Substances & Homeopatic Remedies

Taxus brevifolia

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Taxol, a substance obtained from the bark of Pacific yew [33], has
inhibited the growth of various types of cancer cells in experimental
tests [1,44].  Clinical trials indicate that taxol produces a definite
but limited activity against metastatic melanoma and some types of
leukemia [44].  It may also be useful in treating ovarian cancer and in
inhibiting the growth of carcinosarcoma cells [11,44,38].  Taxol
inhibits the replication of Trypanosoma cruzi, a pathogenic protozoan
which causes Chagas disease [11], as well as the disease-causing
flagellate Trichomonas vaginalis [35].
Taxol, a diterpene alkaloid, has poor aqueous solubility and is formulated as a solution in 50% Cremophor EL and 50% dehydrated alcohol, USP (Adams et al., 1993). For medical use, it is administered intravenously by a 3 to 24 hour infusion three times per week (Guchelaar et al., 1994).

Taxol's mechanism of antitumor activity is unique because it promotes microtubule assembly and stabilizes the microtubules, thus preventing mitosis (Huizing et al., 1995). Taxol does this by reversibly and specifically binding to the B subunit of tubulin, forming microtubule polymers leading to growth arrest in the G2/M phase of the cell cycle (Gotaskie and Andreassi, 1994). This makes taxol unique in comparison to vincristine and vinblastine which cause microtubule disassembly (Gatzemeier et al., 1995). Additionally, recent evidence indicates that the microtubule system is essential to the release of various cytokines and modulation of cytokine release may play a major role in the drug's antitumor activity (Smith et al., 1995).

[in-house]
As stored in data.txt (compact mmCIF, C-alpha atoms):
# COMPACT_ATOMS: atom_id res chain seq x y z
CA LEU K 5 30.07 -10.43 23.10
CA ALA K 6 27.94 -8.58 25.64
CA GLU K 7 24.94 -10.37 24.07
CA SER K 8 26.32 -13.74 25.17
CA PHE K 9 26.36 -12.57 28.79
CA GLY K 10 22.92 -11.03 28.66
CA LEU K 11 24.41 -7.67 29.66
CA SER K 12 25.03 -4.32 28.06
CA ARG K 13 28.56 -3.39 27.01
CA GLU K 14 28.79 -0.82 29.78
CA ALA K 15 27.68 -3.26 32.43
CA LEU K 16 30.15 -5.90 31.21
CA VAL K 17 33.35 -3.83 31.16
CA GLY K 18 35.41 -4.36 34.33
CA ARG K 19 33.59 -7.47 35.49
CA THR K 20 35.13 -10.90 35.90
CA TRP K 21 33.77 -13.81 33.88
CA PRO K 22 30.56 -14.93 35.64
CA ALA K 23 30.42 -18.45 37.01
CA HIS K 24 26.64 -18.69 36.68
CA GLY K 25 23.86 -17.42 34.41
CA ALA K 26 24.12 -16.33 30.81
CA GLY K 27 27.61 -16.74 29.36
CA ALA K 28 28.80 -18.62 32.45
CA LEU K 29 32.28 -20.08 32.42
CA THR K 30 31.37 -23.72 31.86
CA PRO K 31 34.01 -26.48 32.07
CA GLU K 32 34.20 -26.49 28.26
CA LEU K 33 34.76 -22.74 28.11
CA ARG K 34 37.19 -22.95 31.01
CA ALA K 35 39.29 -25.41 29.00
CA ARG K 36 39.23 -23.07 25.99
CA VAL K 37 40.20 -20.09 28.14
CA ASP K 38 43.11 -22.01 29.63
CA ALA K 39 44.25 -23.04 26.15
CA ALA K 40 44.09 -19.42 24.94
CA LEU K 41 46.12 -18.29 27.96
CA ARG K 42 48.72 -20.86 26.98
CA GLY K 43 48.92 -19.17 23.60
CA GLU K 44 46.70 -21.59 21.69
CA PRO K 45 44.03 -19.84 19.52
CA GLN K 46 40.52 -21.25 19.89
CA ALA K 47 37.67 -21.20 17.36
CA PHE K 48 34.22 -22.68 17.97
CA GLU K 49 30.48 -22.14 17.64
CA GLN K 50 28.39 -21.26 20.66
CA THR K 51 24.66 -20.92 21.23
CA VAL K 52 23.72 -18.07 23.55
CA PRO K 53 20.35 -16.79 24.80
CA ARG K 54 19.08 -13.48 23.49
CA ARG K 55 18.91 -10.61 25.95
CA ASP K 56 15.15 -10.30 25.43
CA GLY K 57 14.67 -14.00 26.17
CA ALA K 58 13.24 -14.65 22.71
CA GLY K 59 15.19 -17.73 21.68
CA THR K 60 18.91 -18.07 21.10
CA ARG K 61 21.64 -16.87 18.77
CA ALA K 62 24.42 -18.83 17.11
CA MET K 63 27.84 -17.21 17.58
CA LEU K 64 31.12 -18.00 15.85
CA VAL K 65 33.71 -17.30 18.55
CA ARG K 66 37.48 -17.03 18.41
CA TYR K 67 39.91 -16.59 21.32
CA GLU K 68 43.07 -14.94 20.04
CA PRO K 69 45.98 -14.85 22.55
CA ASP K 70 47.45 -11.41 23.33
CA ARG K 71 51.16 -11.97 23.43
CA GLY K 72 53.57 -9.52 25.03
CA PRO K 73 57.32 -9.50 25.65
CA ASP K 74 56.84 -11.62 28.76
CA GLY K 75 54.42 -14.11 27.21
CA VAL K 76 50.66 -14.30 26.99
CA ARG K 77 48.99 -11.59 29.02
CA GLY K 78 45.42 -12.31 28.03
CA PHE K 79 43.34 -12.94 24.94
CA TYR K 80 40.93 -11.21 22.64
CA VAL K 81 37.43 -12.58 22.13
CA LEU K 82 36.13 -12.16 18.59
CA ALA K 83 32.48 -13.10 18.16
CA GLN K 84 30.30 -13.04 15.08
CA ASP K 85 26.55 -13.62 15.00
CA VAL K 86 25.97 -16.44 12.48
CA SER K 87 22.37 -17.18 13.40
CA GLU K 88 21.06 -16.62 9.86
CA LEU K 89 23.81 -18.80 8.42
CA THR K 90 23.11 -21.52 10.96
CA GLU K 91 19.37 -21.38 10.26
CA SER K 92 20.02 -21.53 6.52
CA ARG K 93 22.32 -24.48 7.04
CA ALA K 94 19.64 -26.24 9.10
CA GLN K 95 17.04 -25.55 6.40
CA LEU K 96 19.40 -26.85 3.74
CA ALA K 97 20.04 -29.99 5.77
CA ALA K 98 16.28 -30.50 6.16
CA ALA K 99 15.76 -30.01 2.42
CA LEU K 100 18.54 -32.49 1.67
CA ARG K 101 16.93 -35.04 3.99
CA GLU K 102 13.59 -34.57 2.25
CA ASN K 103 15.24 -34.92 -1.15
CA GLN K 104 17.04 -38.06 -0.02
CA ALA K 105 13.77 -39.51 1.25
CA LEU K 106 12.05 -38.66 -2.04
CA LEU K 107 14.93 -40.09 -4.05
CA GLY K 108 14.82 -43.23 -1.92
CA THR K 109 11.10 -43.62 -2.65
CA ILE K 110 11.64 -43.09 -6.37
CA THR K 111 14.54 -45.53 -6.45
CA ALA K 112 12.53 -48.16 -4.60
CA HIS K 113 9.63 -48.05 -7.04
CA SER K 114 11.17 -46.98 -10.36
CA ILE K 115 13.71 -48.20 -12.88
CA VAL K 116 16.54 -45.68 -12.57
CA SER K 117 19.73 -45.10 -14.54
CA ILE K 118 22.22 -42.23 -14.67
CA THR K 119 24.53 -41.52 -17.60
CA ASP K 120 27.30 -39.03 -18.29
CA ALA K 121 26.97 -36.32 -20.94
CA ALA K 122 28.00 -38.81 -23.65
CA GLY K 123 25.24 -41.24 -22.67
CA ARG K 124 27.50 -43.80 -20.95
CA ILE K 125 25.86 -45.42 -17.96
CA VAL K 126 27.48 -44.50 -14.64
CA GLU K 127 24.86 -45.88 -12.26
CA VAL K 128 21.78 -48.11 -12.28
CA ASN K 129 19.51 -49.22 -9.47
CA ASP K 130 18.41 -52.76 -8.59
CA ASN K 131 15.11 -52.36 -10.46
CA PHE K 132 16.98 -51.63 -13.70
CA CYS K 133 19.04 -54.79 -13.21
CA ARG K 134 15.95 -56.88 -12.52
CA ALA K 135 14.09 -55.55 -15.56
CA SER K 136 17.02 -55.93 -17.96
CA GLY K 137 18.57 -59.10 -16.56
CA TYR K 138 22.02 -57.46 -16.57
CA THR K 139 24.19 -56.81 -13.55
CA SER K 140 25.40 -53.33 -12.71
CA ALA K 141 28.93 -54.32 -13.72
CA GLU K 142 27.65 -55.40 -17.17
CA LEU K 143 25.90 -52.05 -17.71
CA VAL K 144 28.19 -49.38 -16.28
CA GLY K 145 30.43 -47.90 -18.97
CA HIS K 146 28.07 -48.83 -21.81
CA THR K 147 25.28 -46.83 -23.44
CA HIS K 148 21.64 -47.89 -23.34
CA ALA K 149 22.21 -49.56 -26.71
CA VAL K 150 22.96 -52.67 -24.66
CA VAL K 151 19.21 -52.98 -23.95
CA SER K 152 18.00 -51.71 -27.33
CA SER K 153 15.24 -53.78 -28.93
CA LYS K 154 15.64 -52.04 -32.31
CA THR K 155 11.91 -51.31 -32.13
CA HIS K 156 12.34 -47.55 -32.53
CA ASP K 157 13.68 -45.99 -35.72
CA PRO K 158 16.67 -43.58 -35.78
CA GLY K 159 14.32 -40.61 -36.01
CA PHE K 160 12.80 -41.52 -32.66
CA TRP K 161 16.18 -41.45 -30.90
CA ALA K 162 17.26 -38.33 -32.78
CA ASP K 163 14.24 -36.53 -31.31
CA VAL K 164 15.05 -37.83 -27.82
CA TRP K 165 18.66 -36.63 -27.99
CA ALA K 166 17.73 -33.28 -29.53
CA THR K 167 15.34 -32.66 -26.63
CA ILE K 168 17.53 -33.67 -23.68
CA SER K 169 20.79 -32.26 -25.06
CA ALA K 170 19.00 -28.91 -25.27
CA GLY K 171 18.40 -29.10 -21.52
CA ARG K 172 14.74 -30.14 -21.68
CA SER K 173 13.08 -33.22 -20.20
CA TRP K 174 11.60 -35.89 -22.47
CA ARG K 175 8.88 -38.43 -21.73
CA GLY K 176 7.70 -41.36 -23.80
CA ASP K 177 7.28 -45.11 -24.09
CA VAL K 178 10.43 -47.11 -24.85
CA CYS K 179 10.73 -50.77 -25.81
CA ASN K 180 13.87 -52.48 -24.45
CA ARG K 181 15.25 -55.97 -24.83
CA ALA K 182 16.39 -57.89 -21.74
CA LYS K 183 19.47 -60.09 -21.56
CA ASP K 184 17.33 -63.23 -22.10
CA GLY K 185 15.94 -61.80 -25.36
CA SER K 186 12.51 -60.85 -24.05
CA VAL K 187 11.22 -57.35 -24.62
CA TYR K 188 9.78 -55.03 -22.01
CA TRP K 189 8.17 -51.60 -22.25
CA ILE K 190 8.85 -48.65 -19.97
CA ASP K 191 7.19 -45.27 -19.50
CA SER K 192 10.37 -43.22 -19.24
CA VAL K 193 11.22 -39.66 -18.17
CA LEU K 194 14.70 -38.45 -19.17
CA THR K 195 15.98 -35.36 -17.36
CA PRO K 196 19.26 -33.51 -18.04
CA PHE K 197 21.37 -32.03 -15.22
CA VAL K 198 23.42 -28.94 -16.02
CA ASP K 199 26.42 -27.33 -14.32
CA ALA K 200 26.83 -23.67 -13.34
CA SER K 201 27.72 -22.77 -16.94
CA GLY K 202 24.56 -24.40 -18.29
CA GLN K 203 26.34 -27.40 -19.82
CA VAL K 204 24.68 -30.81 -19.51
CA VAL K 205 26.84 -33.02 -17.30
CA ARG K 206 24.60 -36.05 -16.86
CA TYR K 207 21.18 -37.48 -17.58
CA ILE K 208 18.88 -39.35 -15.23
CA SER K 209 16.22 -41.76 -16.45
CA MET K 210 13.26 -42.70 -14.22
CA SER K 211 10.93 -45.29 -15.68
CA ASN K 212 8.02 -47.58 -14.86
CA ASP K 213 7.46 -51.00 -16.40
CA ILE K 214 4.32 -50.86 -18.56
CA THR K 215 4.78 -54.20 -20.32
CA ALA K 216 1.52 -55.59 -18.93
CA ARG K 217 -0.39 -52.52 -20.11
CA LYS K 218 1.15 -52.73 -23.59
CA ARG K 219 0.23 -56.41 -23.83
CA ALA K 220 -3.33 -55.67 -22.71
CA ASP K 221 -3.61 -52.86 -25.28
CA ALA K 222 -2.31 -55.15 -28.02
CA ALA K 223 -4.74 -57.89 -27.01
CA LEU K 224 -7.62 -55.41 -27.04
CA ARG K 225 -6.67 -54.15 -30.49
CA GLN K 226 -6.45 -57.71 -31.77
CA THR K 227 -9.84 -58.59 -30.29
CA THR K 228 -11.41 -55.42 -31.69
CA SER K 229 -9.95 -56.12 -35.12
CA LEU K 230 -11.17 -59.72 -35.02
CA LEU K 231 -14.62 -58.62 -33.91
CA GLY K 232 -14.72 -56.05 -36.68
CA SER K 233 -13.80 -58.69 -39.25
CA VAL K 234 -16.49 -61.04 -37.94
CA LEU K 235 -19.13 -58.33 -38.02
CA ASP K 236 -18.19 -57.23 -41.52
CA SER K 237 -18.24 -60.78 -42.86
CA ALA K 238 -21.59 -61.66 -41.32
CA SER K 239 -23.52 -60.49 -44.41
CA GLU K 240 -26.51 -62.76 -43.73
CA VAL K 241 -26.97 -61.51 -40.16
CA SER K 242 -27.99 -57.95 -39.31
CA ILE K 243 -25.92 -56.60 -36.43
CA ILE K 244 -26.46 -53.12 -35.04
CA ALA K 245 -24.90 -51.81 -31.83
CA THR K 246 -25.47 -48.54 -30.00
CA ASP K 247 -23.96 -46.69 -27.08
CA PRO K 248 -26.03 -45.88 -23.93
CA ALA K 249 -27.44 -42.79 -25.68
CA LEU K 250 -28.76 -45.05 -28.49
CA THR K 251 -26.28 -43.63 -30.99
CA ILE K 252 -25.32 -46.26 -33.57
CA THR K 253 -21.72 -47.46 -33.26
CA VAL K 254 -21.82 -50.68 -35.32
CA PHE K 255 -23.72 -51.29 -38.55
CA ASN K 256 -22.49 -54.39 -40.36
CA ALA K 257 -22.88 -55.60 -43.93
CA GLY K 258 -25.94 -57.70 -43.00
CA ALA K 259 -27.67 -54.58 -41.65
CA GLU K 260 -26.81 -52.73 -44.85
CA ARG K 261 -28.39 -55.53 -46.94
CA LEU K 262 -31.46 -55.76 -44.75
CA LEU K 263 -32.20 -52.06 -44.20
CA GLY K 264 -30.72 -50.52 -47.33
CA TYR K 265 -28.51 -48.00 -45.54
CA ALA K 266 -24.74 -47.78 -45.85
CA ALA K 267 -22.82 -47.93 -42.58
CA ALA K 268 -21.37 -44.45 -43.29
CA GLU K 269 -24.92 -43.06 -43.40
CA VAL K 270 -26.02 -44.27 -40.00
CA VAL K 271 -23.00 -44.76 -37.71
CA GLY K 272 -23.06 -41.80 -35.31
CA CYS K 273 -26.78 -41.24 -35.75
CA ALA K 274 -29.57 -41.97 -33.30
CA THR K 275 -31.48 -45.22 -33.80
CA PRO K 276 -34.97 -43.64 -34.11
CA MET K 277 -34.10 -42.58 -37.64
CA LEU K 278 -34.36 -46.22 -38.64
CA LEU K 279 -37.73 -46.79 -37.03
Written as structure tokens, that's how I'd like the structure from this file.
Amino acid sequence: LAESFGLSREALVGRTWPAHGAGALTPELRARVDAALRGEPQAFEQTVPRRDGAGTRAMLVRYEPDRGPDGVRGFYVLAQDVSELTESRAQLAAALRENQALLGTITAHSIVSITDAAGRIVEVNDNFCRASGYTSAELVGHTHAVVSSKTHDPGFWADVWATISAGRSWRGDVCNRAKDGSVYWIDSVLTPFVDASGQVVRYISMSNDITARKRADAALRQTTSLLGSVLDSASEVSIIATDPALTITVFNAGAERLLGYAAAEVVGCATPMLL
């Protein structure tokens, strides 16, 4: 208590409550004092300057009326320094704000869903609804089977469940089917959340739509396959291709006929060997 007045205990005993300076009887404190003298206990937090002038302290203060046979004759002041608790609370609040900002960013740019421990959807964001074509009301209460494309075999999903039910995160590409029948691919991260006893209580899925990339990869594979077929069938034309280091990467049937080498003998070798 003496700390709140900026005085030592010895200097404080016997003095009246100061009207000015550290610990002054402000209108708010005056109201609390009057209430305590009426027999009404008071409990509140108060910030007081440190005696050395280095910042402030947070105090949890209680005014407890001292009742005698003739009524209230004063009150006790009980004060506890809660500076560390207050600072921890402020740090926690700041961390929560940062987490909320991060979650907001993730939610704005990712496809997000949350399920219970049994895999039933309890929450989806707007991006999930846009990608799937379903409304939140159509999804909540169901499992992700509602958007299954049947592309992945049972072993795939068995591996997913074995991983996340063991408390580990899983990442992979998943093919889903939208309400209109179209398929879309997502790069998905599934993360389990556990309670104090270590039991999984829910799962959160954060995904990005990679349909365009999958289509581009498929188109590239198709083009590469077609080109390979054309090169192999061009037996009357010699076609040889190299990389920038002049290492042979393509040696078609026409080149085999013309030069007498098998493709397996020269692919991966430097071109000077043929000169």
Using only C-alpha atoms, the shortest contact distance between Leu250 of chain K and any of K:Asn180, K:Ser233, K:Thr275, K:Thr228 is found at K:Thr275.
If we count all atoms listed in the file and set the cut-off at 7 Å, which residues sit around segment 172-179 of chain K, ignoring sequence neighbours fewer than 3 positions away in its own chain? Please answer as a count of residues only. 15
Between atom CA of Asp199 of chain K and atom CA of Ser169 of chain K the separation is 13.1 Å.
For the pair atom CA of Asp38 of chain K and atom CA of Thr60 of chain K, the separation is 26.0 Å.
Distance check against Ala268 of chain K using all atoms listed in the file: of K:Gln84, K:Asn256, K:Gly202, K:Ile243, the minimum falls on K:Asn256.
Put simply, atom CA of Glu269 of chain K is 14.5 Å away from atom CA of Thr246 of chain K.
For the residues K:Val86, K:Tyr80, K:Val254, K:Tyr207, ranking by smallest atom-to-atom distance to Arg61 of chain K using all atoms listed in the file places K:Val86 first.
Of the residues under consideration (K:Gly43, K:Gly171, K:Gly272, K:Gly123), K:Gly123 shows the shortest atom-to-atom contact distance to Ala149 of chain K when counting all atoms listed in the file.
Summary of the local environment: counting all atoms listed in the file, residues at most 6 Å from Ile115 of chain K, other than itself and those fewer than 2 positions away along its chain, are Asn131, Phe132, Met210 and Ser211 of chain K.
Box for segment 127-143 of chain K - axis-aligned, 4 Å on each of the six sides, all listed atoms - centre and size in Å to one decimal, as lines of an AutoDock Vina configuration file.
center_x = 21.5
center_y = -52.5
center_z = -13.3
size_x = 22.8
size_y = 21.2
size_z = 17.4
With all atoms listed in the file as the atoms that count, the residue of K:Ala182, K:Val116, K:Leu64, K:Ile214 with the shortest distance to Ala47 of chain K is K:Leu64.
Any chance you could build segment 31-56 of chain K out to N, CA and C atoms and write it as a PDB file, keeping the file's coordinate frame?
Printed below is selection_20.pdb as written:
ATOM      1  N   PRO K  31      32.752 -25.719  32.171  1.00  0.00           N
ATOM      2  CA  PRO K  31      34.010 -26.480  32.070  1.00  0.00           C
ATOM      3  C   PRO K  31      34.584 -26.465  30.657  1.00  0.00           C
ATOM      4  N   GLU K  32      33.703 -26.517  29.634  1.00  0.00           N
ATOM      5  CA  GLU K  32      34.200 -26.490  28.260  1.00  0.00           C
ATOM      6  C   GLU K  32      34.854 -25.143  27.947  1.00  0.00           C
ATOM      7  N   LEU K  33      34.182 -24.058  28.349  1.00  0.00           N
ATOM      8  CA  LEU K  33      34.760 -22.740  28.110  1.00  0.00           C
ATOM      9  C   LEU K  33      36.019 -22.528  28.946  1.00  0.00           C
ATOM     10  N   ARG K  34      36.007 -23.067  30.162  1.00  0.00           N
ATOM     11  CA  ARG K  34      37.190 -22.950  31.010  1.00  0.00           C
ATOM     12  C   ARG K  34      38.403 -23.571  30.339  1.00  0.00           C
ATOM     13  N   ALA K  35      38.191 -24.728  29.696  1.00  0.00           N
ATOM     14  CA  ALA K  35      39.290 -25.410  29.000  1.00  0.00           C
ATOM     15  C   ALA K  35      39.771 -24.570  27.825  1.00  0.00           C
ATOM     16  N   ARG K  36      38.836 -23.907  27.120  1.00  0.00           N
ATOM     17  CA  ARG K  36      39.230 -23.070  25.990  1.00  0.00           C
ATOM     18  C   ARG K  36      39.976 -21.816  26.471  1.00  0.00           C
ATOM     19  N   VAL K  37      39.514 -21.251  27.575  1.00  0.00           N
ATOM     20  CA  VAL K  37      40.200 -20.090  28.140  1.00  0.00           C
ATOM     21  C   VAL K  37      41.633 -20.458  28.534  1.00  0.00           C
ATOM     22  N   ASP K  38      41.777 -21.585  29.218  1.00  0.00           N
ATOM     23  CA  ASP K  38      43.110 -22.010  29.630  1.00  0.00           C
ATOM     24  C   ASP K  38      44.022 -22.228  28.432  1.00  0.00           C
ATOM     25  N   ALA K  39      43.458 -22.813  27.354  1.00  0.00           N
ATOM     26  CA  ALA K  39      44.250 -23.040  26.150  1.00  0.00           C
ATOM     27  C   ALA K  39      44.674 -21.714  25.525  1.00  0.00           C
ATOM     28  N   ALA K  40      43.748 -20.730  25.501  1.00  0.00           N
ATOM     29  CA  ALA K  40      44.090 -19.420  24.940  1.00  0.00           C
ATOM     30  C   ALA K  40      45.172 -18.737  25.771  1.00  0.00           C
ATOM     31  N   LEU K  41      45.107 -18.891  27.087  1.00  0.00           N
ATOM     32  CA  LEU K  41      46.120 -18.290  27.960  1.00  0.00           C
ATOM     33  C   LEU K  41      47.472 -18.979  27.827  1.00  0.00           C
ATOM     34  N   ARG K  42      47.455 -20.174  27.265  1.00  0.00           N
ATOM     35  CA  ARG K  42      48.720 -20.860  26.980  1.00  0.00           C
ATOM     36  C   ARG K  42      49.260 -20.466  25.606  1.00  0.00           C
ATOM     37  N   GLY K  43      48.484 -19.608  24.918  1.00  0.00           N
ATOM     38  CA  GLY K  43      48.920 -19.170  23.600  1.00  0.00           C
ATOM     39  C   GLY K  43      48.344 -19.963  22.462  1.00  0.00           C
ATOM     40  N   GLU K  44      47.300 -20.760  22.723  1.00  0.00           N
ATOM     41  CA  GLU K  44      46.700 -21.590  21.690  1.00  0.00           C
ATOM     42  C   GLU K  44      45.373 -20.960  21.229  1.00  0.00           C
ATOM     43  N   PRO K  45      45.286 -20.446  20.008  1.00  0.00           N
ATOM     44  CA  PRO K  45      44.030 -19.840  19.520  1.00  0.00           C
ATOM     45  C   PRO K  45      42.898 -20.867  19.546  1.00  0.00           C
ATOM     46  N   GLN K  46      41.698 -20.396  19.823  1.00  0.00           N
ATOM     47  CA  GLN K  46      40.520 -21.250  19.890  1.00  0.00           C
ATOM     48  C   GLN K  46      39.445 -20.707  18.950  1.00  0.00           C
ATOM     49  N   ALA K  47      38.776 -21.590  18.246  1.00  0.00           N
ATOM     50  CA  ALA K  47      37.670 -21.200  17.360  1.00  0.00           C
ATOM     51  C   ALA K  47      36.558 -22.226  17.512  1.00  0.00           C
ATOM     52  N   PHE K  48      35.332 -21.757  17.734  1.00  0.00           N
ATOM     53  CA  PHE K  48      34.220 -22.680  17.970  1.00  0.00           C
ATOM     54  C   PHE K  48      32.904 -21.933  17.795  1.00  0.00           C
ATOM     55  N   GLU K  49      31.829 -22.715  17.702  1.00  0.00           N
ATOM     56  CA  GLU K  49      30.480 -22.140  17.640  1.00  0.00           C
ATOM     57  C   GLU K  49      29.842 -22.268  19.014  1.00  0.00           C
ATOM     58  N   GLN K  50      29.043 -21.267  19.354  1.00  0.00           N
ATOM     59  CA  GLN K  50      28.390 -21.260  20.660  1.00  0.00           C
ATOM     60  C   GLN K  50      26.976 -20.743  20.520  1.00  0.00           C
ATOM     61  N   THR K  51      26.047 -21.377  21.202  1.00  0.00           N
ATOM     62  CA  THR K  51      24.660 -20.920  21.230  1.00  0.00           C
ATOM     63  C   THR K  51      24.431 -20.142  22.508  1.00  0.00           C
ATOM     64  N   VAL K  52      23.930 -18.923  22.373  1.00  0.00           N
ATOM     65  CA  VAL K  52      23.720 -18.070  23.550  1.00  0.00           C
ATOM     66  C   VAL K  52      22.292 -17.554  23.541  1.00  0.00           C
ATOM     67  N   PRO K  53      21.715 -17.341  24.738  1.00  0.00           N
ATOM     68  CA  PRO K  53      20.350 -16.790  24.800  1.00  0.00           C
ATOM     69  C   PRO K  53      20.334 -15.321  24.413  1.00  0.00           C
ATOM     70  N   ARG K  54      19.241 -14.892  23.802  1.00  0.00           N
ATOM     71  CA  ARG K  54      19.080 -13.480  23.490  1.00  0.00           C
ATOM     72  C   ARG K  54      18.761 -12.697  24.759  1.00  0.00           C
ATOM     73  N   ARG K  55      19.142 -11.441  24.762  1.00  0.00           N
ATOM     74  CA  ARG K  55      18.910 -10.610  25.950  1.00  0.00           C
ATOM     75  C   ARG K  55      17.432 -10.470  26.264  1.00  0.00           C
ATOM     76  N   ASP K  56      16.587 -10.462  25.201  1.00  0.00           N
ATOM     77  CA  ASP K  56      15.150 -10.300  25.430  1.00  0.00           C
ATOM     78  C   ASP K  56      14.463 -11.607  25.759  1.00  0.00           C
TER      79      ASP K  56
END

Due to taxol's antimitotic activity, it is a useful cytotoxic drug in treating several classic refractory tumors including head and neck cancer, small cell and non-small cell lung cancer and most notably breast and ovarian carcinomas. It may also slow the course of melanoma. Response rates to taxol treatment varies among cancers. Advanced drug refractory ovarian cancer responds at a 19-36% rate, previously treated metastatic breast cancer at 27-62%, and various lung cancers at 21-37%. Taxol has also been shown to produce complete tumor remission in some cases (Guchelaar et al., 1994).

In addition, taxol plus radiation treatment has an additive but not synergistic effect as shown in an experiment using a cervical carcinoma line (Minarik and Hall, 1994). Elderly patients aged more than 60 years did not differ with respect to administered dose intensity, number of cycles of therapy administered, or the occurrence of serious or mild toxicities (Bichner et al., 1993). Thus, elderly patients receiving taxol can be treated as aggressively as younger patients. Clinically, taxol treatment is a possible adjunct to radiation.